At his very core, Eliezer Armon, one of Israel’s most prominent and busiest architects, is a philosopher. Over the years he has honed a philosophy that mixes Kabbalah, martial arts and his experiences as a lieutenant colonel in the Israel Defense Forces and is fully reflected in the buildings he designs. He is also behind one of Israel’s largest housing booms, which aims to build 120,000 apartments across 27 Israeli cities with 35 transportation centers in the next decade. The numbers are as impressive as the man behind them.
The 63-year-old Armon was recently in Boston promoting his new book, “If Architecture is a Language, Then a Building is a Story.” The coffee-table book introduces readers to 15 of Armon’s spectacular buildings in full color that he pairs with short poetic prose fragments. Many of the buildings are in Israel’s Negev. “I was born in North Tel Aviv,” Armon told JewishBoston, “but like Abraham I decided to go to the desert.”
Armon lives and practices his craft in Beersheba, where he is continuously inspired by the desert and influenced by biblical stories. That influence comes together in the design of one of his buildings that he calls “Abraham’s Well” in Beersheba. Armon is an ebullient man who noted that he shares a name with Abraham’s servant, Eliezer. “Eliezer was Abraham’s chief operating officer,” he said. “He was so important to Abraham that he was given the task of finding Isaac a wife.”
Armon’s design integrates the shape of a tent and includes an actual well in the building’s yard. “Abraham lived in a tent as a nomad and God told him l’ech l’cha,” he said. “In essence this means God said, ‘Go and I will follow you.’ In the Visitors Center we follow Abraham and see that his mission was to go forth on his own power. The materials in the building reflect a sense of place.”
In his book, Armon contemplates the difference between space and place. He writes: “A building can successfully provide a physical function such as a shelter from rain and wind. However, success in this dimension, important as it is, could still be far from creating a place.” In verse he further explains: “Every structure I design/Has one central space/Which contains the entire story/It is there where I assemble the entire power/Like a martial artist/Who assembles and focuses/All the strengths of his body to a single spot.”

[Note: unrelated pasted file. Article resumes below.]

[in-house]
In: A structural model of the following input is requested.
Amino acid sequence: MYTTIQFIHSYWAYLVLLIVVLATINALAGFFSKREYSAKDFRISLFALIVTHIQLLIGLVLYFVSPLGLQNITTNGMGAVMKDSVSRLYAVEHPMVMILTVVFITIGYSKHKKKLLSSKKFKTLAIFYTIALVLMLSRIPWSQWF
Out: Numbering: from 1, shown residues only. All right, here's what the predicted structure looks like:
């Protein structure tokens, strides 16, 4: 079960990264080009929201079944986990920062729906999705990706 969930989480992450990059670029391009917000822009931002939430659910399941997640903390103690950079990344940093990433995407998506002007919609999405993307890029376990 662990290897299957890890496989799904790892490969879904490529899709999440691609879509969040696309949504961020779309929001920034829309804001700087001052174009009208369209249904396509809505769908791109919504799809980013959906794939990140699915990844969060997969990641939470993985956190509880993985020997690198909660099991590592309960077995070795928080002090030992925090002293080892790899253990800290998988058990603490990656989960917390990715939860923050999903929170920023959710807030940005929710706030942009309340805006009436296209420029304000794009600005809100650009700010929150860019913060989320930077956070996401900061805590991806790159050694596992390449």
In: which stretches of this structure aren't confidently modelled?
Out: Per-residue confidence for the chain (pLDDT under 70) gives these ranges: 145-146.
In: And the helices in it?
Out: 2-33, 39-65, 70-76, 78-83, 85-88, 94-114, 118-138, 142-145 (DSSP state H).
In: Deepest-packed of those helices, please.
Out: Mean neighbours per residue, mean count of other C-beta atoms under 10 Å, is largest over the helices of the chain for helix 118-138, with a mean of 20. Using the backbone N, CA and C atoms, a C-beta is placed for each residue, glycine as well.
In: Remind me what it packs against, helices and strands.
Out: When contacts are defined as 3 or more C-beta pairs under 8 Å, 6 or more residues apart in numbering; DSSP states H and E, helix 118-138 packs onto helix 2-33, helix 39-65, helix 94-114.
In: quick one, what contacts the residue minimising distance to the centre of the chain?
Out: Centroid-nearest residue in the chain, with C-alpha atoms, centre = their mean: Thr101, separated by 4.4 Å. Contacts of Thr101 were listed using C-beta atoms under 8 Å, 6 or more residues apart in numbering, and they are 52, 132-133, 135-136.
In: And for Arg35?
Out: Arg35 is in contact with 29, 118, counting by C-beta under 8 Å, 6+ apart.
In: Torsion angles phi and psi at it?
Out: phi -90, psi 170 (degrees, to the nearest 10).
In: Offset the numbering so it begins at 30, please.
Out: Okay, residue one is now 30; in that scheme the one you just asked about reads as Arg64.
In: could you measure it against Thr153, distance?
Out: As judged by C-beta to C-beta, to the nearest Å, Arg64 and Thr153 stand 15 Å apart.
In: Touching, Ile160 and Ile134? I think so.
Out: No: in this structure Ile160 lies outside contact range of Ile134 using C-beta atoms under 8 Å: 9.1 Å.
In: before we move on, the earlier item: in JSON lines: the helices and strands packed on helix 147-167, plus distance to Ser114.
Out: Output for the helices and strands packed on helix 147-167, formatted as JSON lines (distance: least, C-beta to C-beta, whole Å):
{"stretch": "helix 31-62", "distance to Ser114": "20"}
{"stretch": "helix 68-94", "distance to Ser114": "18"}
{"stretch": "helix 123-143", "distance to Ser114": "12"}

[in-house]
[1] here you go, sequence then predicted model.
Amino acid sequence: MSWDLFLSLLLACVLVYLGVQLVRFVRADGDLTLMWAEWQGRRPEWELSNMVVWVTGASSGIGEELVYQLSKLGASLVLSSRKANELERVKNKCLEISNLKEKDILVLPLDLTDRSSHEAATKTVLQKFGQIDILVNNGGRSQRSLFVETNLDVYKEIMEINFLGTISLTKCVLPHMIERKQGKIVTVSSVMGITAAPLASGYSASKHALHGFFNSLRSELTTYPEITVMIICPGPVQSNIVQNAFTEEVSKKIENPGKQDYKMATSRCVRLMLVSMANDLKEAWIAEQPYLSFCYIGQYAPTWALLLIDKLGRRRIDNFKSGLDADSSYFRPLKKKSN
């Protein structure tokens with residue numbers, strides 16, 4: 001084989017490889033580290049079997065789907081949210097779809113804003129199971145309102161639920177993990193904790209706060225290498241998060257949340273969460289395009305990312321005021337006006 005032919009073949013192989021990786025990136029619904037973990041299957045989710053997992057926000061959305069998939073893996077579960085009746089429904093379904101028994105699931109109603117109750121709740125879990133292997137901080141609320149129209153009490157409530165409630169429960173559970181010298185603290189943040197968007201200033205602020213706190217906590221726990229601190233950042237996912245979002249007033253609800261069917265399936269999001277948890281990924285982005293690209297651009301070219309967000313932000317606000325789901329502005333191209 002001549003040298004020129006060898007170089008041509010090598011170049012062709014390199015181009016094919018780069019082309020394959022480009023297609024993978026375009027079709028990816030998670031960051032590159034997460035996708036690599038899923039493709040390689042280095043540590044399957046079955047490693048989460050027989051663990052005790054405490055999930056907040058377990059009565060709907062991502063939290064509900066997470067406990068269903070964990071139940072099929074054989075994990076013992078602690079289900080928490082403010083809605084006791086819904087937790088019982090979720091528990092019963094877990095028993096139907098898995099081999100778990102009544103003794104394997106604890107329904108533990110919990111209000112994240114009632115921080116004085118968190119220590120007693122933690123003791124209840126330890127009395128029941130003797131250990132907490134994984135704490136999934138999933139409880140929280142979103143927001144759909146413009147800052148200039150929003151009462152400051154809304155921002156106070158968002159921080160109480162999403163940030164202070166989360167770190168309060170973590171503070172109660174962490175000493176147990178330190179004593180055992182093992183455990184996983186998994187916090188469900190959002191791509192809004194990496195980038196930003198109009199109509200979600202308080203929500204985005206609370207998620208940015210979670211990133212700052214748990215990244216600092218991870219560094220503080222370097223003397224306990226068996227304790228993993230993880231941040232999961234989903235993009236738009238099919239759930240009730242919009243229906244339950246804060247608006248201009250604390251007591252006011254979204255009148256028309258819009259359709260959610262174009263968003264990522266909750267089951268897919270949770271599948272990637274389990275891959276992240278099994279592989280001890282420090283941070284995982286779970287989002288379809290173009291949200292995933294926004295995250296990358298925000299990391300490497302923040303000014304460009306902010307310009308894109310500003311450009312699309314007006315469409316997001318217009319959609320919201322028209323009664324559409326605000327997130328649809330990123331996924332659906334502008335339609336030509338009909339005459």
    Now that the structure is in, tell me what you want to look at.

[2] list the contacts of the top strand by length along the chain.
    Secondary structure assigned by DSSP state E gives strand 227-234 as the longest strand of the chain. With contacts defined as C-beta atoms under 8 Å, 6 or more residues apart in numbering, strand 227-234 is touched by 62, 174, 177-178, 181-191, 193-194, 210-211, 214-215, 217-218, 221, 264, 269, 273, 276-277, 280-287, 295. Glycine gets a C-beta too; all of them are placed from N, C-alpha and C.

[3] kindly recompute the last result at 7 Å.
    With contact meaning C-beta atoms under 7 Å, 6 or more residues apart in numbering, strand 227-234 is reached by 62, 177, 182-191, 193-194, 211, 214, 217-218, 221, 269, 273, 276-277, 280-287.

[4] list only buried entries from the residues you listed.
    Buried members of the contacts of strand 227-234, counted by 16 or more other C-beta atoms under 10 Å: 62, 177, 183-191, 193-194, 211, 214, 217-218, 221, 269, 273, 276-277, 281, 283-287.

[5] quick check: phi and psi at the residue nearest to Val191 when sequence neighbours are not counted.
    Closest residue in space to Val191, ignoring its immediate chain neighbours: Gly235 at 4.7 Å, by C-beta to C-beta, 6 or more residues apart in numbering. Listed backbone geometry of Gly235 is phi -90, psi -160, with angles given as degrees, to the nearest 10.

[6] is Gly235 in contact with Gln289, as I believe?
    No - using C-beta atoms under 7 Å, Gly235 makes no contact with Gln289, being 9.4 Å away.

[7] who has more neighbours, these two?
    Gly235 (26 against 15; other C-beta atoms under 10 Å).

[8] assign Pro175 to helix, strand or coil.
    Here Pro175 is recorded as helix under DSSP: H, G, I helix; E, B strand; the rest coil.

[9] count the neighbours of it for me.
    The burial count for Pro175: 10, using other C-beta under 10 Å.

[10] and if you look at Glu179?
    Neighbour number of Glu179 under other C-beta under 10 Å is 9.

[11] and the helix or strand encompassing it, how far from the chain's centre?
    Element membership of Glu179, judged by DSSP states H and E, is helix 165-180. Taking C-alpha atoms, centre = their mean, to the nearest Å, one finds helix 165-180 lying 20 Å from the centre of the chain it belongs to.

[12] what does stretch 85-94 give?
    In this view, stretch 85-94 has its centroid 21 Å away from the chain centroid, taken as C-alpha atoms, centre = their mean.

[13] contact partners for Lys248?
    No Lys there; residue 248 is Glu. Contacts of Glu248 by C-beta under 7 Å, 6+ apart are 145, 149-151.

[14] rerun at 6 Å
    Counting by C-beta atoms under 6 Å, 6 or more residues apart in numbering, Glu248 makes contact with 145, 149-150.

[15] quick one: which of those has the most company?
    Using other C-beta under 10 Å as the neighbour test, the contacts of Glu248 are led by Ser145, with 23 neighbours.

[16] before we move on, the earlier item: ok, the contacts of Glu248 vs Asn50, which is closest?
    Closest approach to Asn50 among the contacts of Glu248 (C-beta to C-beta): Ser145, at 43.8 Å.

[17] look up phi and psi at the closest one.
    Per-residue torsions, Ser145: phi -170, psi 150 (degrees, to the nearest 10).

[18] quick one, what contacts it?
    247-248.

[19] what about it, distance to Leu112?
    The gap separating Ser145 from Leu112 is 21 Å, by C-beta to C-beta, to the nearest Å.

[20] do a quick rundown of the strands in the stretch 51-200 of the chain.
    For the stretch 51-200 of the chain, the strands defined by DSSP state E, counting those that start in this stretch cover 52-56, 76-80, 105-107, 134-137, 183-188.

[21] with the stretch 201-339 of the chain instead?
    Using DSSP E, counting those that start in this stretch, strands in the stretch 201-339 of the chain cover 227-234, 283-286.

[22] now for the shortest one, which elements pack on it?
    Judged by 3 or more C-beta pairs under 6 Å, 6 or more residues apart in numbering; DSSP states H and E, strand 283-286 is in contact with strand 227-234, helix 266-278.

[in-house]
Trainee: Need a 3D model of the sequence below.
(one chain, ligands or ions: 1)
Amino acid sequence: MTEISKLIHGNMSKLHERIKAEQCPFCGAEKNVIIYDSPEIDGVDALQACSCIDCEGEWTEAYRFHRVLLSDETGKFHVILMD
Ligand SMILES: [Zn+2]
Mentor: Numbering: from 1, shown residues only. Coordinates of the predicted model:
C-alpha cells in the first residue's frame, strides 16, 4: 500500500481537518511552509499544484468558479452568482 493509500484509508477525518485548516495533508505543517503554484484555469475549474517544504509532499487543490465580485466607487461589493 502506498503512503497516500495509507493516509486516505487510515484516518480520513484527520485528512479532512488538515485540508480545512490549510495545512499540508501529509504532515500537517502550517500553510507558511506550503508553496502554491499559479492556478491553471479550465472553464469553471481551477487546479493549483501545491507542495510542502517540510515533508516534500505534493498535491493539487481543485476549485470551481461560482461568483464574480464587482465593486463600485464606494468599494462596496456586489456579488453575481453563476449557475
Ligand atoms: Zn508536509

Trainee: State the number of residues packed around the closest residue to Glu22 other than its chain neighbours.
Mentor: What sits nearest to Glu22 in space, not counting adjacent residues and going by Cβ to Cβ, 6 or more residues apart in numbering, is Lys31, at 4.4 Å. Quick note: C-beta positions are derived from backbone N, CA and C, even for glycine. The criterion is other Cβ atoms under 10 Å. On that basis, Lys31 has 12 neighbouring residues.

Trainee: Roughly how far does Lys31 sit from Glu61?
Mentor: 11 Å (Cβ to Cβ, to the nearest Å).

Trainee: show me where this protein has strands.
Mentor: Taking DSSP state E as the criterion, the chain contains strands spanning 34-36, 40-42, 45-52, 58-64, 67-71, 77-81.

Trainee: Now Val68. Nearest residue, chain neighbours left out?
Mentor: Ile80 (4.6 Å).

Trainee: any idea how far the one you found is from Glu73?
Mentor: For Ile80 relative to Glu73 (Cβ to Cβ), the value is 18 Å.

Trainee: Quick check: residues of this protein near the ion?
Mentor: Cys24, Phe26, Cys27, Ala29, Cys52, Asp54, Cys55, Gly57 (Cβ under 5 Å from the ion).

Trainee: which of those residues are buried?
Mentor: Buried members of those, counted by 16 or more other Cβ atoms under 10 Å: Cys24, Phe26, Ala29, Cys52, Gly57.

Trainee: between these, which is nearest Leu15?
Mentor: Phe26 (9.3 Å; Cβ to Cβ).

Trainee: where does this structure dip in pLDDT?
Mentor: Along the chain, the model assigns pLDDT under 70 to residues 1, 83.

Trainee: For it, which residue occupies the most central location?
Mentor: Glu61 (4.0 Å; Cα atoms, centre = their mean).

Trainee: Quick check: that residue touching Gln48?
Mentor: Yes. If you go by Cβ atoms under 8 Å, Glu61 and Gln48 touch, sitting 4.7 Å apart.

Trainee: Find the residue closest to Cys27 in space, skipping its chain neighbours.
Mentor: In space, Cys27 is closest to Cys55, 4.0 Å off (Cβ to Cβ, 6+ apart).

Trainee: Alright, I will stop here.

For Armon, incorporating spirituality into his designs is key to the transformation from space to place. That important change is evident in his emblematic design for the National Library of Israel in Jerusalem. Facing the Knesset on one side and the Shrine of the Book on the other, the building is one of Armon’s masterpieces. It brings together many of the iconic elements of his design process. “The National Library best reflects my philosophy,” Armon said. “And Kabbalistic notions are also reflected in the design of that building. As I write in the book: ‘Letters for poetry/Are like bricks for a building/Both build stanzas and houses/One for the book/The other for the town/And thus I choose to plan my buildings/As stories/They stand in the public library/While the streets serve as shelves.’”
Armon pointed out that just as Hebrew letters have alternative meanings, his buildings are laden with Jewish allusions. In a synagogue he designed for the IDF Officers’ School in Mitzpe Ramon, Armon found significance in the story of the Burning Bush. “Moses gets his orders from the Burning Bush, and the story serves as the background for these officers’ missions,” he said.
To invoke the biblical episode, Armon enveloped the building in “concrete flames.” He added that “architects work in the shadow of God and are entrusted to continue and conjure the spirit within matter. Exposed concrete can also become a flame.” Armon’s interior synagogue design includes what he calls “a flying menorah on the ceiling. I also paid special attention to the table where we place the Torah.”
Armon’s creation for Yad Sarah in Beersheba, an Israeli institution that supports people after hospital stays and other life challenges, comes with its own intentions. “I tried to create an optimistic building for people with no hope,” he said. “That is the organization’s purpose.” Armon explained that the pyramid built into the front of the building is purposely cracked. “Yad Sarah supports people who have had a crack in their lives,” he added. “But a crack also lets in the light.”
Armon raises architecture to an art form that integrates his personal treatise on life. “I’m always looking for seeds, whether it is in the Kabbalah, my martial arts practice or my vocation as an architect, which bloomed in the desert,” he said. “I’m a proud Jew who fought in five wars for Israel. In Israel we have a wonderful language, wonderful people and a wonderful country. They are my inspiration. That is why my buildings are stories.”